Summerhill Stud CEOPedigree buff Sarah Whitelaw has just penned an article in the Sporting Post in which she asks the question whether horses, reputed for their savagery, are born that way, or whether man has made them that way. She cites the case of the Ribot tribe, where quirkiness, ill-temper and sheer bloody-mindedness prevailed through the generations, and in the case of our locally successful sire, Sportsworld, was a signature of this behaviour four removes from Ribot.
The legendary American trainer, Charlie Whittingham described champion sire Halo as a mean customer, and as the man who conditioned his best son, the great Sunday Silence, he witnessed first-hand the conduct for which Halo had become infamous. Sunday Silence’s Japanese handlers apparently always counted themselves fortunate in still being in one piece at the time of Sunday Silence’s death at 18 years, so its possible we’ve had a lucky let-off at Summerhill, in Admire Main’s wonderfully equable temperament. He has spirit, yes, but his “man” is Themba Zuma, and they’ve never had a row in their lives.
Then there’s Storm Cat, whose father Storm Bird, unusually for a son of Northern Dancer, was a bad tempered old bugger who passed his quirks on, to the degree that several of Storm Cat’s sons are not only on the “hot” side in general, but prone to self-emasculation. There are several cases of this in the States, while Mary Slack will tell you that Tiger Ridge will turn on himself occasionally, too. When he first arrived here, Brave Tin Soldier was a bit of a handful, and took his chances in his attempt to assert himself, but he has “masters” around him, and he’s the next best thing to a lamb these days.
Sarah speaks too, of the Nasrullahs, and the notoriety many of them earned themselves for their “obduracy”, no more apparent than in his top racehorses, Nashua and the nemesis of many an American stud man, Bold Bidder, sire of the several-times Argentinean champion, Liloy, who lived out his later days at Summerhill. Argentineans are renowned for their skills as horsemen, yet even they gave up on Liloy, despite his 21 Group One winners around the world, and despatched him to the famous Calumet Farm in Kentucky, where he stood alongside the “greats”, Affirmed and Alydar. When I went to inspect Liloy at Calumet before he was acquired for South Africa, his tobacco-chewing handler warned me never to go near the “son-of-a-bitch”, and certainly never to take his head collar off, as catching him with a rod and a hook was the only means he could be brought under control.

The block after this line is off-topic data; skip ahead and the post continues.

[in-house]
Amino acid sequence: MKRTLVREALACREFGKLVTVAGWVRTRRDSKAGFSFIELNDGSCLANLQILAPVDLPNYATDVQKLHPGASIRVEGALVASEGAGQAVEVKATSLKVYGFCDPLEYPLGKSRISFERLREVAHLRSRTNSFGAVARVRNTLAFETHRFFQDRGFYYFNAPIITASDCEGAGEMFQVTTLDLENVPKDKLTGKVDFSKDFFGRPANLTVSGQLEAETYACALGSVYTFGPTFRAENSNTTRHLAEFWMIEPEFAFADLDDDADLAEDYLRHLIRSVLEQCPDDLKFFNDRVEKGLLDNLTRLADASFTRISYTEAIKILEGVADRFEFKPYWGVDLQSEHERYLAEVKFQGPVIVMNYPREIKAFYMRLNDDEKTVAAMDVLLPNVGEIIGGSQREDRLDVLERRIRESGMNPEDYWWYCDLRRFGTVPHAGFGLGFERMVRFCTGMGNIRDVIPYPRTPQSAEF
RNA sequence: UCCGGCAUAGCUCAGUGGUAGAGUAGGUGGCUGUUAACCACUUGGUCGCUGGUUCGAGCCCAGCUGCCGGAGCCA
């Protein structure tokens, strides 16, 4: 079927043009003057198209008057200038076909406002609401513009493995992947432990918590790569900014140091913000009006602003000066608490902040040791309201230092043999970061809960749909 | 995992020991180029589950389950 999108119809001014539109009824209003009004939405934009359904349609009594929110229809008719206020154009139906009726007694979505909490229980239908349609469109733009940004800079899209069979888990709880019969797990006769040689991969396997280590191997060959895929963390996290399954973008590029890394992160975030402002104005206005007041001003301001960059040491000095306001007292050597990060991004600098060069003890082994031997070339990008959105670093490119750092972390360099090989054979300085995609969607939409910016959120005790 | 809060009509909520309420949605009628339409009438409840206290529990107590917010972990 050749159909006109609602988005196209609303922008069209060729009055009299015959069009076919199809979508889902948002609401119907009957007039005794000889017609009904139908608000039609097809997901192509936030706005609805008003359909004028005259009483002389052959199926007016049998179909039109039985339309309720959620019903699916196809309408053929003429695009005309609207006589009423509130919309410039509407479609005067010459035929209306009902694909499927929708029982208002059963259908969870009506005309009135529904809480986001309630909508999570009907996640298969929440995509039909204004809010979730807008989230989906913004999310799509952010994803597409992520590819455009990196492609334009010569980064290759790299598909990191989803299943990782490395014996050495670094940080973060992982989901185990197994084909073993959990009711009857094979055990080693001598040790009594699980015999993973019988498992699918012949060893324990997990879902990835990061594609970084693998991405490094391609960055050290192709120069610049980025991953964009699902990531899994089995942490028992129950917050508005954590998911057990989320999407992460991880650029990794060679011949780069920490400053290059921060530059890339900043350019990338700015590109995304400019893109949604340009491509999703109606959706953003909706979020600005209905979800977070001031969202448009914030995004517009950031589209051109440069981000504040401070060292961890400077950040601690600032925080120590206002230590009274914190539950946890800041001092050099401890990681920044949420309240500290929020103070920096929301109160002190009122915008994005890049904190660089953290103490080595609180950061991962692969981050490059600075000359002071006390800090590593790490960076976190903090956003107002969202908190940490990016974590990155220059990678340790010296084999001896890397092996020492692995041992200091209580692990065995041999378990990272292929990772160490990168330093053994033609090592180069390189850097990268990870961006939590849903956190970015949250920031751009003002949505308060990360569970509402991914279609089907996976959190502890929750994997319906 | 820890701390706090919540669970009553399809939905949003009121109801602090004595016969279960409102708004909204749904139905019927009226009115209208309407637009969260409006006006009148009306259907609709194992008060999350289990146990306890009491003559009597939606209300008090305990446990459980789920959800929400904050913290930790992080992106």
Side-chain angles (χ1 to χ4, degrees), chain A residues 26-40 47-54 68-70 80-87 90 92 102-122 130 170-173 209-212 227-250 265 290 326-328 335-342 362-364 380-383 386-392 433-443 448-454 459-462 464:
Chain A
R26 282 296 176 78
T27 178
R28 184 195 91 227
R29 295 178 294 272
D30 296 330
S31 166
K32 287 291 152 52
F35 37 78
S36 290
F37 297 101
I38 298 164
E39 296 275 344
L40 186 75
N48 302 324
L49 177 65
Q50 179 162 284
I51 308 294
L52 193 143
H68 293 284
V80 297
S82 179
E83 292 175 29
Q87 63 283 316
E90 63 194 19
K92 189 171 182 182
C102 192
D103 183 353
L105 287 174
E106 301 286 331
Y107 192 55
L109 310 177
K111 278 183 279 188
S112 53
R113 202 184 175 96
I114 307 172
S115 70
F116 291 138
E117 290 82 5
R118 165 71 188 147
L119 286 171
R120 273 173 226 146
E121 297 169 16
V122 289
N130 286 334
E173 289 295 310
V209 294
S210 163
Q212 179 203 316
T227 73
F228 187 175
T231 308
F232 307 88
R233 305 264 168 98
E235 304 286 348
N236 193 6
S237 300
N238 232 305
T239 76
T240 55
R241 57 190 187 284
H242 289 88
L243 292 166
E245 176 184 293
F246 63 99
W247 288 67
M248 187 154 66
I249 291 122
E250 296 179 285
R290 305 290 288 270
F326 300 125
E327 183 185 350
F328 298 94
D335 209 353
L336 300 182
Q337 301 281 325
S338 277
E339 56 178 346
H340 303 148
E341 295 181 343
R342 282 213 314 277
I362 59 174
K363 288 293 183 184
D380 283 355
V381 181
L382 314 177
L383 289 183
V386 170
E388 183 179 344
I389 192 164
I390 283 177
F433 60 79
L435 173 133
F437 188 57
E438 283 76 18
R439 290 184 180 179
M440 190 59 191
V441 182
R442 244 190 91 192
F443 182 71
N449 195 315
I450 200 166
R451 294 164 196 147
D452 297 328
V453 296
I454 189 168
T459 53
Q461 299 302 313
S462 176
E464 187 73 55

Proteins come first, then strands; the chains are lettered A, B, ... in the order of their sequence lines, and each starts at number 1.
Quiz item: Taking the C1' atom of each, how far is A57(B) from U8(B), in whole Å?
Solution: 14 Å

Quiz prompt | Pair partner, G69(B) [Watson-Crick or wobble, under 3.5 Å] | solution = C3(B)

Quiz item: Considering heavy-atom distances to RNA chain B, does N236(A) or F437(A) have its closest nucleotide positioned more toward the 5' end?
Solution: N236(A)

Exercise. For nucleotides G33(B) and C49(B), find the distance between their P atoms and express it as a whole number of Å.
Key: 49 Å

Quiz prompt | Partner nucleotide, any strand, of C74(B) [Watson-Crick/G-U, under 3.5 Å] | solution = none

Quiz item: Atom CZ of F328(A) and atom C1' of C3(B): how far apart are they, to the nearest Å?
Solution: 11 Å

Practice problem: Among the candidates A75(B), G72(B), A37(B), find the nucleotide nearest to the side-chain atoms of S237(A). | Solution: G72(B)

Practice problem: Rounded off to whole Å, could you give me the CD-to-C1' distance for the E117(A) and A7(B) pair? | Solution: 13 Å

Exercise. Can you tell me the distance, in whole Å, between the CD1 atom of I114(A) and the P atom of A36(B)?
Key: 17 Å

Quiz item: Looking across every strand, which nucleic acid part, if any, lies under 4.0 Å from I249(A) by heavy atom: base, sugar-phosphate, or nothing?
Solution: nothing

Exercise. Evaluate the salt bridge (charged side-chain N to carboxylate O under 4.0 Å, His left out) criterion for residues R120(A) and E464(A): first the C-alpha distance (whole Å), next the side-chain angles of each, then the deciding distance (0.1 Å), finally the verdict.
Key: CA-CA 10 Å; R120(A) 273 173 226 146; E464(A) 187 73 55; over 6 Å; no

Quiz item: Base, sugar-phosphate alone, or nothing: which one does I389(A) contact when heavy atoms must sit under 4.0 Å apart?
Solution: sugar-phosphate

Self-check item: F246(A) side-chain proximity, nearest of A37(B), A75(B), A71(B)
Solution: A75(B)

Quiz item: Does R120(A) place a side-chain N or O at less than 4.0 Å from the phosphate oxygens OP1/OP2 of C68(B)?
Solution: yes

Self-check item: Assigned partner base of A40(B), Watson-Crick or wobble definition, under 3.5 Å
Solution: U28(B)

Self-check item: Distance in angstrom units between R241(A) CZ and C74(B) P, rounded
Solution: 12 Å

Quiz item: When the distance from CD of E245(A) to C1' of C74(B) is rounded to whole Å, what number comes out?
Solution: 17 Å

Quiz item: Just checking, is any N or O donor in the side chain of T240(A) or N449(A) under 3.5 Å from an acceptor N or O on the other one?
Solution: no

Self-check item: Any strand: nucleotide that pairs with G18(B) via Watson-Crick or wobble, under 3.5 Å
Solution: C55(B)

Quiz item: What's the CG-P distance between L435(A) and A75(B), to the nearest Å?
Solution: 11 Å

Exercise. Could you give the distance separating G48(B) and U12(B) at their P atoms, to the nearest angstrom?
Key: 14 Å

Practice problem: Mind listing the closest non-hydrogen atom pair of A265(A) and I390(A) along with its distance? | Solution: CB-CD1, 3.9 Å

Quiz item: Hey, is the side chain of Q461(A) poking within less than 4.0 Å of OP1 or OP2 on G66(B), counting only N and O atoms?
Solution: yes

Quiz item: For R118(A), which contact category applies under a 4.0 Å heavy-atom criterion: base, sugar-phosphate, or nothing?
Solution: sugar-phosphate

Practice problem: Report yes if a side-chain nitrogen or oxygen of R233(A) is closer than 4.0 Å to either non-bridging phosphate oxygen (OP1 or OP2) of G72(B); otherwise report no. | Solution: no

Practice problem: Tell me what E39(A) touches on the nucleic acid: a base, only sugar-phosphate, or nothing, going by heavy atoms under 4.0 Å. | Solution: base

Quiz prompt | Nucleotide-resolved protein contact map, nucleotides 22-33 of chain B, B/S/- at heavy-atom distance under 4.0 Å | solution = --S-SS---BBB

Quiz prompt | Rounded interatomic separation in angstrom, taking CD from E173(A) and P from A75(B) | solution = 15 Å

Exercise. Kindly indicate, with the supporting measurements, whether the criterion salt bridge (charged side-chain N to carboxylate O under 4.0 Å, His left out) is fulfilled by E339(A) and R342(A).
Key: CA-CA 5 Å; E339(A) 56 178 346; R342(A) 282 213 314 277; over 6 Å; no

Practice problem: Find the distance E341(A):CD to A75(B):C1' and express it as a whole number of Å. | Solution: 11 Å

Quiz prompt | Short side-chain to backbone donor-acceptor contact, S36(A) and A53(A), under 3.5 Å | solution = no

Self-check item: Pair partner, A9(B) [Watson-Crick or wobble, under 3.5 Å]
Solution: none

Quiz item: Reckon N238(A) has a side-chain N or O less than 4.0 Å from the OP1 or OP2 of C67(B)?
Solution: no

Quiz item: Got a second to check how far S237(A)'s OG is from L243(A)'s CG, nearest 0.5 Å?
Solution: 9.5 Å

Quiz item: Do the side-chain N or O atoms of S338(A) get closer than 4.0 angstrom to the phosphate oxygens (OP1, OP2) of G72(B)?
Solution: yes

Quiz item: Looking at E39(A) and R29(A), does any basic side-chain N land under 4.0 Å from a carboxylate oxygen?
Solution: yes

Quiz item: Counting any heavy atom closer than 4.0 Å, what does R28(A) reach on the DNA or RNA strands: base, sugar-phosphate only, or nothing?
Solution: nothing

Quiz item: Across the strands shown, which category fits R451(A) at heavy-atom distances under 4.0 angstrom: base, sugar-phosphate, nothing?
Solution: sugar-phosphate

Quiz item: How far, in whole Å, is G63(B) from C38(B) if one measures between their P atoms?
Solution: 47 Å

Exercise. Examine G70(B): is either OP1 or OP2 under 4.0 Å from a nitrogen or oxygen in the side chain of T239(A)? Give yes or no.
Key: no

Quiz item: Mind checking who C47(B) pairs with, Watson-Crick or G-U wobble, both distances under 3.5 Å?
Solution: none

When Liloy arrived in South Africa, I forgot to impart this rather vital piece of information to the float driver, so the first thing he did when he released the horse into his box at the Durban quarantine, was remove his head collar. You can imagine my horror when I arrived at the quarantine for the first time with his groom, Mandla Zuma (whose family have populated our stallion barn for decades) to find Liloy’s goose-like neck protruding from his stall, minus head collar! Liloy’s menacing “white” eyes and flared nostrils did little to quell my anxiety. No trouble to Mandla, he simply walked in, picked up a piece of bedding off the floor, rubbed it down the horses back and neck, and told him quietly that if he respected him, Mandla in turn would do the same for Liloy. They were firm mates from that day onwards, and in his latter days, despite the most frightening reputation for savagery in the world, I recall taking my daughter on visits to his paddock when she was 7 or 8 years of age.
The one thing you wouldn’t want to do though, was get between Liloy and a mare, as that was his territory, and you daren’t invade it. John Slade, consummate stud man that he is, once made that mistake when Summerhill was his “show”, and Liloy hoisted him up by the back of his neck, and shook him like a rag doll before dispatching him out of the stallion barn. John was black and blue with the bruising for a few weeks, and nobody ever made the same mistake twice.